This year our ICT cluster has begun a journey of using the Teacher Inquiry Model to improve the use of eLearning and ICT in our classrooms. The focus is the area of student learning we would like to see developed with improved outcomes while the strategies are the tools / practises or techniques we will use to achieve those outcomes. The shift that many teachers are making this term is seeing an ICT tool as the strategy, not the focus. So, podcasting becomes a strategy to improve my focus of engaging reluctant writers rather than wanting to use podcasting in my class and seeing how it benefit the students writing. This has been an important part of the process and many teachers are beginning some amazing projects – from yes, podcasting to blogging and all sorts of other ‘mashups’ of technology that are looking like making some fantastic gains for our students.
This graph, below is something I’ve been creating in popplet – a mix between wallwisher and mindmeister (or a graphic organiser and online yellow stickies). It’s been a brilliant tool for guiding a teacher to create some strategies they will use to help them achieve their focus. The inside (coloured) ideas are some different forms that strategies could take. The outside (grey) ideas are the kinds of eLearning strategies that could help those strategies.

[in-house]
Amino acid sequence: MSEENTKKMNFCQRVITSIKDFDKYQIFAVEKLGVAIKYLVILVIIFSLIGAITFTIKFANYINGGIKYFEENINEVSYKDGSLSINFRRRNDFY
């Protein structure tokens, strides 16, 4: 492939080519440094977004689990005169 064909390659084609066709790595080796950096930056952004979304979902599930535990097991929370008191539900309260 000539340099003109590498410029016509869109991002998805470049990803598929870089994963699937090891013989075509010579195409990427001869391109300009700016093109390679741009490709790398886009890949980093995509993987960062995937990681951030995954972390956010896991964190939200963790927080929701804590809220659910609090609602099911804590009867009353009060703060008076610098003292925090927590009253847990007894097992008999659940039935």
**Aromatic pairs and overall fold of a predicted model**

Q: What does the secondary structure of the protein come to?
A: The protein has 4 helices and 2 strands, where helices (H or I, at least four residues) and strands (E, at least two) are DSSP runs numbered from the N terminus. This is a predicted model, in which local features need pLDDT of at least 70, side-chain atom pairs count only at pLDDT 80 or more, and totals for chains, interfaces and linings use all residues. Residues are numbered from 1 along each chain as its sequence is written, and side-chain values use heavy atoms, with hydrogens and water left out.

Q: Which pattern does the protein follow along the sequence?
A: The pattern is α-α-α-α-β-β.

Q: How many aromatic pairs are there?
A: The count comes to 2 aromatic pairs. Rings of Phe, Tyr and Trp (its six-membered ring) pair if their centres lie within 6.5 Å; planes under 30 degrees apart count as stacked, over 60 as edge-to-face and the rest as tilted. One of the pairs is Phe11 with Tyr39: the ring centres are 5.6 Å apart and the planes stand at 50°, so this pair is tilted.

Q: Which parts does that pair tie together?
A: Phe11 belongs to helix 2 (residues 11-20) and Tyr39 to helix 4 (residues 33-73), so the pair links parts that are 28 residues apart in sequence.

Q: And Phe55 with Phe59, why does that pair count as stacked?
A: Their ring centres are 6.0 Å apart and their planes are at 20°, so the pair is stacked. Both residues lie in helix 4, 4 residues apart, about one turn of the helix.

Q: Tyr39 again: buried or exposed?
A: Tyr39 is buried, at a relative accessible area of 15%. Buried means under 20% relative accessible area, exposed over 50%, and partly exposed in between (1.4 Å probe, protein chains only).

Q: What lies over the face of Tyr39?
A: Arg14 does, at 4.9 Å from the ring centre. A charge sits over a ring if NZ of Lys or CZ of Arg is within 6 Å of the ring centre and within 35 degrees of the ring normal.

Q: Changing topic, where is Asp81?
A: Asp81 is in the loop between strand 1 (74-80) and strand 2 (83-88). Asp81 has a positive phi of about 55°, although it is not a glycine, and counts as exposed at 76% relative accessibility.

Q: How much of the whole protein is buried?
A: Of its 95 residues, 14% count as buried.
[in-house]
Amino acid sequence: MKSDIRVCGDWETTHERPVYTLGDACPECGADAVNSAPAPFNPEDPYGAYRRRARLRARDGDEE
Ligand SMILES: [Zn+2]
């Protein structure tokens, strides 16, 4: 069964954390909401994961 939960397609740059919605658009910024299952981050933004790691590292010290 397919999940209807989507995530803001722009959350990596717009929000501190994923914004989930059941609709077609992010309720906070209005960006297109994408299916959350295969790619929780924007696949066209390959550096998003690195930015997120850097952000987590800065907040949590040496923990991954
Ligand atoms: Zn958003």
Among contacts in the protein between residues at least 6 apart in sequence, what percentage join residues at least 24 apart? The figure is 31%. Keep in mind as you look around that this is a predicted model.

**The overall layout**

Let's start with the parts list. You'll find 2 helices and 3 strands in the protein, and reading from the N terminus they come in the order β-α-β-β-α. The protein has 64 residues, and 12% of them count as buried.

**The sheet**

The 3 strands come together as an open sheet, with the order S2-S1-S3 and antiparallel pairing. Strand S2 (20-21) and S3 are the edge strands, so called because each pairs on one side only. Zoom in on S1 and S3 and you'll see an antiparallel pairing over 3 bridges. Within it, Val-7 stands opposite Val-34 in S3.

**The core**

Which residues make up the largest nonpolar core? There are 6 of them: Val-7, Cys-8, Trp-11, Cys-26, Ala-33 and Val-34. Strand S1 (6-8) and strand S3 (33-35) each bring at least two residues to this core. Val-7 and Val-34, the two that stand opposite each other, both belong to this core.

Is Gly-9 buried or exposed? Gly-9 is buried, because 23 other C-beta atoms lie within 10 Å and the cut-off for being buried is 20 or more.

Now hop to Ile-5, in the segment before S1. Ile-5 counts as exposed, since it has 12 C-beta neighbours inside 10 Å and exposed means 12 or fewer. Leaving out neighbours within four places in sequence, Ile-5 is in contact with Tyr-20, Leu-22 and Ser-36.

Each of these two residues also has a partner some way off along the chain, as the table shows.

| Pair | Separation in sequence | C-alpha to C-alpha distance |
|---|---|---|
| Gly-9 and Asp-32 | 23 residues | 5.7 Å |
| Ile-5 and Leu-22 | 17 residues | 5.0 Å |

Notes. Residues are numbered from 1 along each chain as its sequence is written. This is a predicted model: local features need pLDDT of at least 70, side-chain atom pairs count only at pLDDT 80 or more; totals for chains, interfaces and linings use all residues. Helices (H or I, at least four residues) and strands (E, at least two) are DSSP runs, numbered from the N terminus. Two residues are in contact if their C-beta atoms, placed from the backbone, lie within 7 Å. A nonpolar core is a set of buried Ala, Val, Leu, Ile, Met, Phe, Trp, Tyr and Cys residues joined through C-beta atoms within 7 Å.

This example of the popplet is just a screen shot of the dynamic version – which you can embed into a blog and people can add to. Because I’m adding to it as we go I’ve posted a jpg as an archive. I imagine that this chart could be used to reflectively examine our teaching practice at any time, regardless of whether we are completing a formal teacher inquiry or not.